animals  after as little as 30 minutes of perfusion.  In  the  central 
nervous  system this edema was evidenced by a "rebound"  from  initial 
cerebral  shrinkage  to  frank  cerebral  edema,  with  the  cortices, 
restrained by the dura, often abutting or slightly projecting into the 
burrhole.   Marked  edema of the nictating membranes,  the  lung,  the 
intestines,  and  the  pancreas  was also a  uniform  finding  at  the 
conclusion  of cryoprotective perfusion.  The development of edema  in 
the central nervous system sometimes closely paralleled the  beginning 
of "rebound" of ocular volume and the development of ocular turgor and 
frank ocular edema.  

     In contrast to the relatively good blood washout observed in  the 
brain,  the  kidneys  of  FIGP animals had a  very  dark  and  mottled 
appearance.   While  some  areas (an estimated  20%  of  the  cortical 
surface) appeared to be blood-free, most of the organ remained  blood-
filled throughout perfusion.  Smears of vascular fluid made from renal 
biopsies  which  were collected at the conclusion  of  perfusion  (for 
tissue  water determinations) revealed the presence of many  free  and 
irregularly clumped groups of crenated and normal-appearing red cells, 
further evidence of the incompleteness of blood washout.   Microscopic 
examination  of recirculating perfusate revealed some free, and a  few 
clumped  red  cells.   However, the concentration  was  low,  and  the 
perfusate  microhematocrit  was  unreadable  at  the  termination   of 
perfusion (i.e., less than 1%).

     The  liver  of  FIGP  animals  appeared  uniformly   blood-filled 
throughout  perfusion,  and  did not exhibit even  the  partial  blood 
washout evidenced by the kidneys.  However, despite the absence of any 
grossly  apparent blood washout, tissue water evaluations in one  FIGP 
animal  were  indicative  of  osmotic dehydration  and  thus  of  some 

     The mesenteric, pancreatic, splanchic, and other small  abdominal 
vessels  were  largely free of blood by the conclusion  of  perfusion.  
However,  blood-filled  vessels  were not  uncommon,  and  examination 
during   perfusion   of   mesenteric   vessels   performed   with   an 
ophthalmoscope  at 20X magnification revealed stasis in  many  smaller 
vessels, and irregularly shaped small clots or agglutinated masses  of 
red  cells in most of the mesenteric vessels.   Nevertheless,  despite 
the   presence  of  massive  intravascular  clotting,  perfusion   was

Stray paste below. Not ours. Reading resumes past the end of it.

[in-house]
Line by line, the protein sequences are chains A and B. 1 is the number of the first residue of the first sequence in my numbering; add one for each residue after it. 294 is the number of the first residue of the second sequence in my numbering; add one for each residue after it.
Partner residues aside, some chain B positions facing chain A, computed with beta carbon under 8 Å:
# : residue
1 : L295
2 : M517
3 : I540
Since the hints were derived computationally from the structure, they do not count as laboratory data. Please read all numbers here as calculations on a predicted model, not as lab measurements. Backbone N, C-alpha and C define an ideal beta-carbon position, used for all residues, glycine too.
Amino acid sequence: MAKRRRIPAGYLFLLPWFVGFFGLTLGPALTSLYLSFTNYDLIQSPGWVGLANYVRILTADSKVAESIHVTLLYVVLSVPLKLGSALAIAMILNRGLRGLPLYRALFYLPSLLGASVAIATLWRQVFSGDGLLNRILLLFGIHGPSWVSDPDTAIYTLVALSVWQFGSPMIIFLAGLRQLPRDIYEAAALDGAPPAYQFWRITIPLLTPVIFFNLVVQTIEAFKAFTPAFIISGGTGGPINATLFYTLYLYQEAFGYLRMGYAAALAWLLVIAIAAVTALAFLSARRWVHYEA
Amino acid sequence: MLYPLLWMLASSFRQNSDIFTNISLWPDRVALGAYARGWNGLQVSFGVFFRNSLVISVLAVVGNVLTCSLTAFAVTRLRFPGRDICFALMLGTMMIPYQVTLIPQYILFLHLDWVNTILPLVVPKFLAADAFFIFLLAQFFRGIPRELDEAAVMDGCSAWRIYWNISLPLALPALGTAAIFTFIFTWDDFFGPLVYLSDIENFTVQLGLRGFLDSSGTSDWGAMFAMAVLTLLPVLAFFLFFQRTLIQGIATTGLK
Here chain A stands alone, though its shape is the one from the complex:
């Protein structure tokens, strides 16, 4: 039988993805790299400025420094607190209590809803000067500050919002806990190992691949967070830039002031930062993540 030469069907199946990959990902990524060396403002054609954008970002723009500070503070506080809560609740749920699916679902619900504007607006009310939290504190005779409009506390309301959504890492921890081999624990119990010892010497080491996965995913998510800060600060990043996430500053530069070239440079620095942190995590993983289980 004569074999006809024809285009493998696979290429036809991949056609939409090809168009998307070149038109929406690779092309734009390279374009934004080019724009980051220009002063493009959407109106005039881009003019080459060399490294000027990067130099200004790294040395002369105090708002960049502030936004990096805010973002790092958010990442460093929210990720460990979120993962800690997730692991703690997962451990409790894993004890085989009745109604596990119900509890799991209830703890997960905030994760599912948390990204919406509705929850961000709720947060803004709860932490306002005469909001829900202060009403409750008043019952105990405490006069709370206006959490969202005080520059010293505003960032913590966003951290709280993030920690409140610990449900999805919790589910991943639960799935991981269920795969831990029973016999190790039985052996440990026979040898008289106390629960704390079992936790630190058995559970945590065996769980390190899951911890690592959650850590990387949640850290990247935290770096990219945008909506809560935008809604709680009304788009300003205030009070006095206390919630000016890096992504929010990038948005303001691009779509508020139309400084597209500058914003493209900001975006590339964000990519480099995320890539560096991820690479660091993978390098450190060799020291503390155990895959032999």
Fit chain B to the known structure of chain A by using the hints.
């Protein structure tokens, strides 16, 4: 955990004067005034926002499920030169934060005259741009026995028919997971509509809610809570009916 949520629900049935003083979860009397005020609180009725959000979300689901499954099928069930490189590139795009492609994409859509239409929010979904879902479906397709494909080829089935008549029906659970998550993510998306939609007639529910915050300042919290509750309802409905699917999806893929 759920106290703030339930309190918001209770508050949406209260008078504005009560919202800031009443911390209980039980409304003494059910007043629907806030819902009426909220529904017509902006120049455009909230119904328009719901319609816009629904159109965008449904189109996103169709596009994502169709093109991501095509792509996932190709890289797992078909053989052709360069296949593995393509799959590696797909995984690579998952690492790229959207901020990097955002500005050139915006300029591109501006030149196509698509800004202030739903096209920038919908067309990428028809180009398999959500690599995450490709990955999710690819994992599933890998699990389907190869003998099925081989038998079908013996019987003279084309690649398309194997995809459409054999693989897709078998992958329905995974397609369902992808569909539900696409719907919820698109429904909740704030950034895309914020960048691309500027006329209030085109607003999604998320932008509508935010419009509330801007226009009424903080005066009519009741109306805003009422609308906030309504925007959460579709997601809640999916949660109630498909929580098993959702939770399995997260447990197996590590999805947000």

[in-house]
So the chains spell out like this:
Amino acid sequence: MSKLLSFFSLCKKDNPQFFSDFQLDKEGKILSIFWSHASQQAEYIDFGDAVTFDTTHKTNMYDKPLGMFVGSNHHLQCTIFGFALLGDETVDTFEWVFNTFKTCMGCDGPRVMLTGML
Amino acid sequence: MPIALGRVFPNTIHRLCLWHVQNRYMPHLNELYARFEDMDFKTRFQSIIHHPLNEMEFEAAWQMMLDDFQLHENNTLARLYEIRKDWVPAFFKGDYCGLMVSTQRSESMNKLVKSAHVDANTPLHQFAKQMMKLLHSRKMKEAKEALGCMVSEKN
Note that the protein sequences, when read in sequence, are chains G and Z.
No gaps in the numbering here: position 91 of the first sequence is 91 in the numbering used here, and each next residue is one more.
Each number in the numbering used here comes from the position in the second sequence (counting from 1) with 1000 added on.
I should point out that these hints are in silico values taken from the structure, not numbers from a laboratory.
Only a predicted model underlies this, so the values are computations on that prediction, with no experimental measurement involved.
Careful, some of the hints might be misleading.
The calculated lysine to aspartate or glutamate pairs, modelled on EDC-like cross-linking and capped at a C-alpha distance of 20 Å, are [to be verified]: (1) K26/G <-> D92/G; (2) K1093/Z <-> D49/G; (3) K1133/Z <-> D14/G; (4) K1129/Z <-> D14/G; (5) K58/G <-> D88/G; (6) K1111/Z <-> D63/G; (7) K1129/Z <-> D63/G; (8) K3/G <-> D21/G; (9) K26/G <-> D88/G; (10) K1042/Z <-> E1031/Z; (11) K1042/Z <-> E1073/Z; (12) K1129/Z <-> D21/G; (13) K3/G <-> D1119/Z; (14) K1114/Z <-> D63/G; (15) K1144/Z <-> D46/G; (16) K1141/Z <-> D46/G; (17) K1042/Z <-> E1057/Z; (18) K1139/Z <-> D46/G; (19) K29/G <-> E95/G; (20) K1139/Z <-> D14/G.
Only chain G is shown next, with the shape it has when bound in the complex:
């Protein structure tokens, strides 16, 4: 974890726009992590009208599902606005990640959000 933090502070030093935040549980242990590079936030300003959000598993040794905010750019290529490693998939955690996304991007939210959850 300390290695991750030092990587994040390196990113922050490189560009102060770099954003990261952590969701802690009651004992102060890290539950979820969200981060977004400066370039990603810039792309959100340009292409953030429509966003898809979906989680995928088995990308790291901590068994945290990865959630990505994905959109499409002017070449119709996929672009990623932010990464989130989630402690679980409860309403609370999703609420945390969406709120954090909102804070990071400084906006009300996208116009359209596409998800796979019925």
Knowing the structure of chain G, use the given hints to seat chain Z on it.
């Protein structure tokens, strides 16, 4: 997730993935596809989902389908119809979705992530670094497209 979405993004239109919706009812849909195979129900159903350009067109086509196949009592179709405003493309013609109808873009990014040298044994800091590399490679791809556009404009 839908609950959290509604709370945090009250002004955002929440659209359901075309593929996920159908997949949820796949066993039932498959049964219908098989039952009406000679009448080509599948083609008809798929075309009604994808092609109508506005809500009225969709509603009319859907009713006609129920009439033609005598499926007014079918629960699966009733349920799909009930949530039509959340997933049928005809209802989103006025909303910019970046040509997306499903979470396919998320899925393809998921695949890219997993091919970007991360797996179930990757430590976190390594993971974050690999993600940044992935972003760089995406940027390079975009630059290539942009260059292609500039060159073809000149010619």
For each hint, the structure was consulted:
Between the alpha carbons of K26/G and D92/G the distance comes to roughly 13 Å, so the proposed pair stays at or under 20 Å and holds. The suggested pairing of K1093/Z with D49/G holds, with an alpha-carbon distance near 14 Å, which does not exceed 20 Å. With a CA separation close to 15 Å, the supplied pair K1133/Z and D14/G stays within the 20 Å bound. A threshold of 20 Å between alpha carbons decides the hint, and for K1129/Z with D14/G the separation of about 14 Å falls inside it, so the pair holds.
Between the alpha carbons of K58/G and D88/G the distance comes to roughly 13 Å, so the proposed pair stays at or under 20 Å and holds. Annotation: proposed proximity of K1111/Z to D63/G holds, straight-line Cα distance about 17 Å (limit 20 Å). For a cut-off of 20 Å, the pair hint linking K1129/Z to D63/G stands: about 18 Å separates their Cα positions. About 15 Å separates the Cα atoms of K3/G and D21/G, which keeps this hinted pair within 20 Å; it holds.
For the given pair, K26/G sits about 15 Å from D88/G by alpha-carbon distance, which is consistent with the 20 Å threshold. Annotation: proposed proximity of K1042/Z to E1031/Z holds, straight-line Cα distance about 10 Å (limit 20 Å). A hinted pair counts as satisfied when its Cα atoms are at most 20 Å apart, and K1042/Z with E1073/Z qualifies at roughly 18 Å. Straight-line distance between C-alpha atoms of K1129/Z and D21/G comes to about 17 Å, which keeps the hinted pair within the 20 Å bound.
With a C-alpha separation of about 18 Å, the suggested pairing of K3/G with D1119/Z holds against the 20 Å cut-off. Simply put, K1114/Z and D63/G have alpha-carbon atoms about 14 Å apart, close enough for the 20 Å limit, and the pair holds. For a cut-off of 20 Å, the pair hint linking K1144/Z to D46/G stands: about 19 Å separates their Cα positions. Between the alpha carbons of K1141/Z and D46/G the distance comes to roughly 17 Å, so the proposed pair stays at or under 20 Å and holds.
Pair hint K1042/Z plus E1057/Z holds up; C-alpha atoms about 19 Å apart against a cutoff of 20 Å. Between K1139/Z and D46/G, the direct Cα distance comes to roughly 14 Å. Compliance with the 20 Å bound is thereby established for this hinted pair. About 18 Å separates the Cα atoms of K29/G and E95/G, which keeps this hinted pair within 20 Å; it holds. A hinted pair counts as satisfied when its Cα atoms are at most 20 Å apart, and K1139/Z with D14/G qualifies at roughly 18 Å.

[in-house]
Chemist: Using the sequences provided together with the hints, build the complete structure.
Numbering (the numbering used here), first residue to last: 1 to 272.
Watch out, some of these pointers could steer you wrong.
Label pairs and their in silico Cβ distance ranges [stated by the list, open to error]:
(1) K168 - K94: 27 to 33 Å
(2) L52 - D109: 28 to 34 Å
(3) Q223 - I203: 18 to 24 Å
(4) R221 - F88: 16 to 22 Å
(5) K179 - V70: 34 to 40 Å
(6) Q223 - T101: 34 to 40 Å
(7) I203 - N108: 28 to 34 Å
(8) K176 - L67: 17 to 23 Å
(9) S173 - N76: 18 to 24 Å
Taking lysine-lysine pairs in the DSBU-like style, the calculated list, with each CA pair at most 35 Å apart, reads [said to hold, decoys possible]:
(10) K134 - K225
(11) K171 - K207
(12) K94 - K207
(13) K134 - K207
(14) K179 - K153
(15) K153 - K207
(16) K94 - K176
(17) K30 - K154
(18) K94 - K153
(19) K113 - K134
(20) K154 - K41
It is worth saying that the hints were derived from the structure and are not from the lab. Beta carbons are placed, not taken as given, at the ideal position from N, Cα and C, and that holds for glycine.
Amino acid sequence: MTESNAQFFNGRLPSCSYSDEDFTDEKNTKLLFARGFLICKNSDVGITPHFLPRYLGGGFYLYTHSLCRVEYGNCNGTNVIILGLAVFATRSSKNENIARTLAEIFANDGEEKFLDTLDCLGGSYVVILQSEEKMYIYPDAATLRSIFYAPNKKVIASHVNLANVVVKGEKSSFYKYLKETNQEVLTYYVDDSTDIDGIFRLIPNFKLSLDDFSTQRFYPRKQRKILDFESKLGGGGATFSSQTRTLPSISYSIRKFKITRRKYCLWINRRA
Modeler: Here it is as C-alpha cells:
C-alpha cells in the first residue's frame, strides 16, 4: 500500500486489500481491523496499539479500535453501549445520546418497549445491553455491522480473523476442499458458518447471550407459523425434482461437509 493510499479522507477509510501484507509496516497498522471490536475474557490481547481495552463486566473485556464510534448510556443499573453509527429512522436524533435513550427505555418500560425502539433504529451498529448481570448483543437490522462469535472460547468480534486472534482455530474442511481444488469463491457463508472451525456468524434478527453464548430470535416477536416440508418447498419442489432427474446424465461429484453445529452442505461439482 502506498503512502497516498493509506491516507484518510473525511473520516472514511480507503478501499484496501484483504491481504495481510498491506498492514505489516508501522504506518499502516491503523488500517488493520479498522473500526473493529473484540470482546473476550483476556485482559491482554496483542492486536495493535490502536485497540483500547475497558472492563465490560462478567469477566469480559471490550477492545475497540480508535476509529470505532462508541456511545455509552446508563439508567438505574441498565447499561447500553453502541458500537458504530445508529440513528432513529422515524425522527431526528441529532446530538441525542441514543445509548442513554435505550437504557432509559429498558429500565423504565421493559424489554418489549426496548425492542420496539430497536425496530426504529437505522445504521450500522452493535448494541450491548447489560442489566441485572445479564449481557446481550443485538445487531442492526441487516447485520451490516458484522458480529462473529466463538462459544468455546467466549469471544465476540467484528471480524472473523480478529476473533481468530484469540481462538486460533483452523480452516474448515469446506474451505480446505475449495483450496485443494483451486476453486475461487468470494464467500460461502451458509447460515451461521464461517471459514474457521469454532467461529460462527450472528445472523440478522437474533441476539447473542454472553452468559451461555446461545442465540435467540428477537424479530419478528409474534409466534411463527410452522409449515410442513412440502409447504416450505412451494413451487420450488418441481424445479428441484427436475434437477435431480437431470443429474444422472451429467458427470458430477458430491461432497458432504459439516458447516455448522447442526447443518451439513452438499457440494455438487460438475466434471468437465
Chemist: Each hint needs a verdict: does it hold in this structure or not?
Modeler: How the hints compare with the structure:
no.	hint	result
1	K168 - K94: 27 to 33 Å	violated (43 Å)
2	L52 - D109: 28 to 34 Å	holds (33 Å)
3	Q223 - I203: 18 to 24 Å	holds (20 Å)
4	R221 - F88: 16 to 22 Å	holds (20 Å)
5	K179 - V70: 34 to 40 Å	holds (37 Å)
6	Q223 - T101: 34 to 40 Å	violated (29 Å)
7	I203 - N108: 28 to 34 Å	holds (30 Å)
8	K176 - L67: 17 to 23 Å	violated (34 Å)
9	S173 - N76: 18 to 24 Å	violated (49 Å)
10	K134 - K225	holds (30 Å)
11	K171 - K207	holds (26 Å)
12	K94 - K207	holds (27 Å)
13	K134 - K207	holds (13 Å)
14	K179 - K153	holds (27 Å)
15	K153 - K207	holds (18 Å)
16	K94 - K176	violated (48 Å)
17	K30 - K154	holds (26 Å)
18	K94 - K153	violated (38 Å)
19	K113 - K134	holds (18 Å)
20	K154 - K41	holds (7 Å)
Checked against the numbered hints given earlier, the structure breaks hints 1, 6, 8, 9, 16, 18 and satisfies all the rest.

possible, and significant amounts of tissue water appear to have  been 
exchanged for glycerol.

     One  immediately  apparent difference between the  FGP  and  FIGP 
animals  was  the  accumulation in the lumen of  the  ileum  of  large 
amounts  of  perfusate  or perfusate  ultrafiltrate  by  the  ischemic 
animals.  Within approximately 10 minutes of the start of reperfusion, 
the  ileum  of the ischemic animals that had  been  laparotomized  was 
noticed  to  be  accumulating fluid.  By the  end  of  perfusion,  the 
stomach  and the small and large bowel had become massively  distended 
with  perfusate.   Figure  14 shows both FIGP and  FGP  ileum  at  the 
conclusion  of glycerol perfusion.  As can be clearly seen,  the  FIGP 
intestine  is markedly distended.  Gross examination of the  gut  wall 
was   indicative  of  tissue-wall  edema  as  well   as   intraluminal 
accumulation  of  fluid.  Often by the end of perfusion, the  gut  had 
become  so  edematous  and  distended  with  perfusate  that  it   was 
impossible  to completely close the laparotomy  incision.   Similarly, 
gross  examination of gastric mucosa revealed severe erosion with  the 
mucosa being very friable and frankly hemorrhagic.

     Escape  of  perfusate/stomach contents from the  mouth  (purging) 
which occurs during perfusion in ischemically injured human suspension 
patients did not occur, perhaps due to greater post-mortem  competence 
of the gastroesophageal valve in the cat.

     Oxygen  consumption  in  the two ischemic cats in  which  it  was 
measured  was dramatically impacted, being only 30% to 50% of  control 
and deteriorating throughout the course of perfusion (Figure 12).